Why does Africa not have clean water?
Africa has the most: 5 amazing facts about water
On World Water Day: 5 amazing facts about water in Africa
Water is life. And theoretically there is more than enough of this elixir of life for everyone worldwide. The problem: By far not everyone can simply turn on the tap and it starts to bubble. According to the UN Water Report, 2.1 billion people worldwide have no access to potable and continuously available drinking water. According to this, two thirds of the world's population even lives in areas that are affected by water scarcity for at least one month a year. This also includes people in sub-Saharan Africa, such as Ethiopia. Did you think so? Then we have five more facts about World Water Day on March 22nd that you may not have known about water and Africa.
1. Water abundance and water shortage in Africa
Given the water scarcity in many African countries, one can quickly get the idea that there is generally too little water in Africa. The opposite is the case: Africa is the continent with the largest aboveground, non-frozen water resources. Large rivers such as the Nile, Congo and Niger contribute to this, as do 677 African lakes. The largest of them, Lake Victoria in East Africa, is almost as large as Bavaria in terms of area alone.
So enough water for all Africans? Not at all. The big problem is access to clean drinking water. The water from rivers and lakes is polluted, contaminated with germs and pathogens and also distributed very unevenly. In rural regions in particular, water points are often miles away. In Ethiopia, women and children sometimes spend several hours a day fetching water.
One solution to the water shortage can be groundwater. According to calculations, Africa has 600,000 cubic kilometers of groundwater, which is around 30 times the amount of precipitation that falls on the entire continent in a year.
This occurrence also makes use of People for peopleto build hand pump wells and municipal water supply systems. Over a million Ethiopians now have access to clean drinking water through these measures.
2. Water consumption in Germany and Ethiopia: full bath vs. short shower
According to the United Nations, at least 50 liters of water per day and person are necessary to satisfy basic needs, avoid diseases and maintain productivity.
Every German consumes an average of 121 liters of water every day. This is roughly the capacity of an average bathtub. If you add the water that industry uses to produce goods, for example, an average German consumes around 4,000 liters a day.
An Ethiopian has an average of 25 liters of water a day, in rural regions it is sometimes only five to ten liters. That is roughly the amount of water that we use in a half-minute shower.
3. Lack of water hits the weakest first
Those who only have a few liters of water available a day are most likely to save on personal hygiene. First and foremost, this has negative consequences for the weakest in society: children.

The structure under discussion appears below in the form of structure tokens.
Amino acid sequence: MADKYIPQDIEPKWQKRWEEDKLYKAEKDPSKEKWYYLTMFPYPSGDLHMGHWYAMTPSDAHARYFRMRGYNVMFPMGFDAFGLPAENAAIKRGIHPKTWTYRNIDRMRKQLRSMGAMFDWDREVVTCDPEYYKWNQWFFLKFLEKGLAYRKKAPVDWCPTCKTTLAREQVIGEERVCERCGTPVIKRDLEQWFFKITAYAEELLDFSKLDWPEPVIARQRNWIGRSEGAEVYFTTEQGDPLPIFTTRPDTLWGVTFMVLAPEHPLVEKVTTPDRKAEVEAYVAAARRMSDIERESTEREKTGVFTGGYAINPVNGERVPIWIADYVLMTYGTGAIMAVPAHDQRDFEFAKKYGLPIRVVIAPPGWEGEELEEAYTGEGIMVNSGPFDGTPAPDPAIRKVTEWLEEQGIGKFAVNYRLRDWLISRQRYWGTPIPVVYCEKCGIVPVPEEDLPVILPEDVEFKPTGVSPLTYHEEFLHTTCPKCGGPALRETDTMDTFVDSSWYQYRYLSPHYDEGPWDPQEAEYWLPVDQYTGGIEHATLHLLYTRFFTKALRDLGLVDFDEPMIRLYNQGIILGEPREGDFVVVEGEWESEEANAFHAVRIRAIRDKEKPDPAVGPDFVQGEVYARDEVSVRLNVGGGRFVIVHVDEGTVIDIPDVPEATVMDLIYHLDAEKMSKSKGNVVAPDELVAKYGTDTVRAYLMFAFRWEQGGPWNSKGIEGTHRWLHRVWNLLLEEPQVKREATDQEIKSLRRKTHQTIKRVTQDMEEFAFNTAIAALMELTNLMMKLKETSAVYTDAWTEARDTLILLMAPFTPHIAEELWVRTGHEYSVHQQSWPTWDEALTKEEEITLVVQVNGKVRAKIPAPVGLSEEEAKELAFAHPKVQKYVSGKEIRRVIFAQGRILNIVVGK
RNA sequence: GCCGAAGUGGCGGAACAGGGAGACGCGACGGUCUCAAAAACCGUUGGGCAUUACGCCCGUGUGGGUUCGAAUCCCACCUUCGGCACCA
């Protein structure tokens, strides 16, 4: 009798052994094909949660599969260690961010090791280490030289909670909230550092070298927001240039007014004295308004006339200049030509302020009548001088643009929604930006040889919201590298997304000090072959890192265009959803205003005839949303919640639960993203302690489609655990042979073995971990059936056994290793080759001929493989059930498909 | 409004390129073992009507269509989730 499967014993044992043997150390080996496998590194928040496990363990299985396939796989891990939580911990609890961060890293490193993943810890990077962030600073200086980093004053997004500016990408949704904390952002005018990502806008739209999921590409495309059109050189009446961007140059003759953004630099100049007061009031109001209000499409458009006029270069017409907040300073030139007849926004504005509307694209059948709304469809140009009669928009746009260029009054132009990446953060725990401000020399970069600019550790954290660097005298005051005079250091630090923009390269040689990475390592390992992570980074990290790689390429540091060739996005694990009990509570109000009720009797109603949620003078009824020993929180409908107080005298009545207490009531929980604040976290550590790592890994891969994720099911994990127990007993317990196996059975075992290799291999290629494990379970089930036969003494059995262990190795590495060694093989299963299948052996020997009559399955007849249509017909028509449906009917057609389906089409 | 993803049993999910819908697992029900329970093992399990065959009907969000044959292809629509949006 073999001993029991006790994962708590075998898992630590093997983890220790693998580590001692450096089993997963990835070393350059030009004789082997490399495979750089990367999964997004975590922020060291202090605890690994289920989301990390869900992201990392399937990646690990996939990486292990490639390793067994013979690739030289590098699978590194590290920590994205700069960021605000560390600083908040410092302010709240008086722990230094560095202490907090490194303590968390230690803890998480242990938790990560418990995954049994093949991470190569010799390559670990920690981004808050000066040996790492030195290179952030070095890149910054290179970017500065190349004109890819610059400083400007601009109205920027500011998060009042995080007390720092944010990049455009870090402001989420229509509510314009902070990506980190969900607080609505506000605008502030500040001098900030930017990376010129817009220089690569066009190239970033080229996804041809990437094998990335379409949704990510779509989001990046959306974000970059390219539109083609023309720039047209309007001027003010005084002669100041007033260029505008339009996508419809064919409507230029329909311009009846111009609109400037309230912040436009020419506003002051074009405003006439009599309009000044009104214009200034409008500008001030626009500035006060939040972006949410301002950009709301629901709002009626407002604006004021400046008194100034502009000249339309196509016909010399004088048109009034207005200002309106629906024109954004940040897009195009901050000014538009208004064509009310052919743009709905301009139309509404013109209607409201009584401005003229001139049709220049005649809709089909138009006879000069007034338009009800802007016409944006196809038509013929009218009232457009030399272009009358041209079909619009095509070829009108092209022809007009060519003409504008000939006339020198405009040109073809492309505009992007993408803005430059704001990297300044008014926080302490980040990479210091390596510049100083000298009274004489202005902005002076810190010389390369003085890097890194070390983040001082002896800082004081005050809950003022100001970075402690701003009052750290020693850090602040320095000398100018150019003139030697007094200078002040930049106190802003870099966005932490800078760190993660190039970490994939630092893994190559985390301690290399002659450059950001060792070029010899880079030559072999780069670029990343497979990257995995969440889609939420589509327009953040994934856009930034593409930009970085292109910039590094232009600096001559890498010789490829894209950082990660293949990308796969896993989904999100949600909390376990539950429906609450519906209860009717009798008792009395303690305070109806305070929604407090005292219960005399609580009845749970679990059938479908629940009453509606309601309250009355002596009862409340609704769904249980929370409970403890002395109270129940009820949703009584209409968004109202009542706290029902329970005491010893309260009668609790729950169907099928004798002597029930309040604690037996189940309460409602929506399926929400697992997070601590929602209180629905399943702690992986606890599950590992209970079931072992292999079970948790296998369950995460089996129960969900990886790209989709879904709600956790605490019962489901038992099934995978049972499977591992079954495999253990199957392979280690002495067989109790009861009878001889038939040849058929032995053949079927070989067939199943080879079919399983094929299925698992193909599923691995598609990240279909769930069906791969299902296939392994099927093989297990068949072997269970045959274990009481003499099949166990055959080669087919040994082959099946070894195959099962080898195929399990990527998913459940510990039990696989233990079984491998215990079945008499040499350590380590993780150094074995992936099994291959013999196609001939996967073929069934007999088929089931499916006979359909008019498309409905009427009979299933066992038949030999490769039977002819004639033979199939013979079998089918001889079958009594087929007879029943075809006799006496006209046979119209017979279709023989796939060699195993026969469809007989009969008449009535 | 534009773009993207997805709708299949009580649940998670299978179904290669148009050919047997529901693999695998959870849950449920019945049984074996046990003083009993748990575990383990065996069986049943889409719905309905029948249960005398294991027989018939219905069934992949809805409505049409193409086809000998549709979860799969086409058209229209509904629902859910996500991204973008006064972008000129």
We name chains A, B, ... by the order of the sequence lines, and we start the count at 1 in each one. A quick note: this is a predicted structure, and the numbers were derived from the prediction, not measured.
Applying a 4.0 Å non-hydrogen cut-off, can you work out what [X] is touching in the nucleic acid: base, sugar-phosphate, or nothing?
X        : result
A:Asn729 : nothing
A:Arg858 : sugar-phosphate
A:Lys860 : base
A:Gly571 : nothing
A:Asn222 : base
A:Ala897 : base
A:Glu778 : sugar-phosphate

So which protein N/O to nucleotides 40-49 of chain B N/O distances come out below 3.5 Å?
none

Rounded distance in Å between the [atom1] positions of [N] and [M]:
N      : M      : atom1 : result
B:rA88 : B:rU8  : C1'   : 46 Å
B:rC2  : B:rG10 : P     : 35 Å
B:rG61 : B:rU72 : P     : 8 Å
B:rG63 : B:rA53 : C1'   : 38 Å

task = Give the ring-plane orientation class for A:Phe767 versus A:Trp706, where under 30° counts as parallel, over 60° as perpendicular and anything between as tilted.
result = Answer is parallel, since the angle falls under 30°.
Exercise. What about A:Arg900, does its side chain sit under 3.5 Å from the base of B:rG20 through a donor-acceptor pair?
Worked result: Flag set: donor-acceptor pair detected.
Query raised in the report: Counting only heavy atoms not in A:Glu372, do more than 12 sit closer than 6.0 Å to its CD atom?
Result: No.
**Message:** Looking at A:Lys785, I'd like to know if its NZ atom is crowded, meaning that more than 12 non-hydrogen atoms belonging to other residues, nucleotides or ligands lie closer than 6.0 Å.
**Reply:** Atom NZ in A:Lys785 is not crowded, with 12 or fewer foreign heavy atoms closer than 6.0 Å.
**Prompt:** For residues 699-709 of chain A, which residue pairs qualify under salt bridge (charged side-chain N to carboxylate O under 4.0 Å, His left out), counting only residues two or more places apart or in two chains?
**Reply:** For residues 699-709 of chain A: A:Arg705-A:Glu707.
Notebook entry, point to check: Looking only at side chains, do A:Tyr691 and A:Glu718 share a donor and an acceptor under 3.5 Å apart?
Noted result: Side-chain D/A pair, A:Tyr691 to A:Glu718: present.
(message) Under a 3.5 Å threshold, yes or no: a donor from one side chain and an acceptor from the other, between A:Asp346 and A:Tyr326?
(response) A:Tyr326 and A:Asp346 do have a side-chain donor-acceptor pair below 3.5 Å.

Children in sub-Saharan Africa are at 500 times more likely to die of diarrheal disease due to poor hygiene than children in Europe. Worldwide, a child dies every 15 seconds from an illness caused by unclean water, such as diarrhea.
In addition, a lack of access to water not only affects the here and now of many children, but also their future. According to the UN, 443 million school days are lost every year due to diseases caused by lack of water. In addition, there are the long marches to the next water point, which also fall victim to school attendance.
4. Hand washing succeeds with birthday serenades
It is actually a matter of course, but especially in times of the coronavirus, hand washing has become the focus of attention. And rightly so: some water - if available - and a bar of soap are the most cost-effective means of preventing illness. Simply washing your hands lowers your chances of developing diarrhea by 35 percent.
As part of our main focus WaSH (Wasser, S.sanitary, HIn addition to expanding the water supply, we therefore attach great importance to accompanying hygiene training courses, for example in schools.
The trick that you use to wash your hands effectively was demonstrated by Larry David in the Woody Allen film “Whatever works”: if you sing “Happy birthday” twice while washing your hands, you wash long enough to eliminate life-threatening pathogens.
5. For every euro of water there is a multiple return
Every euro that is invested in water supply and sanitation in developing areas brings a long-term return of between five and 25 euros. The World Health Organization (WHO) calculated this in a large-scale study. Diseases such as diarrhea or trachoma can be avoided through access to clean drinking water and sanitary facilities. The costs for visits to the doctor are eliminated and the savings can be invested more sensibly.
In addition, women, for example, have more time to generate an income for themselves and their families. Children can regularly attend classes and complete training for a higher standard of living in the long term.
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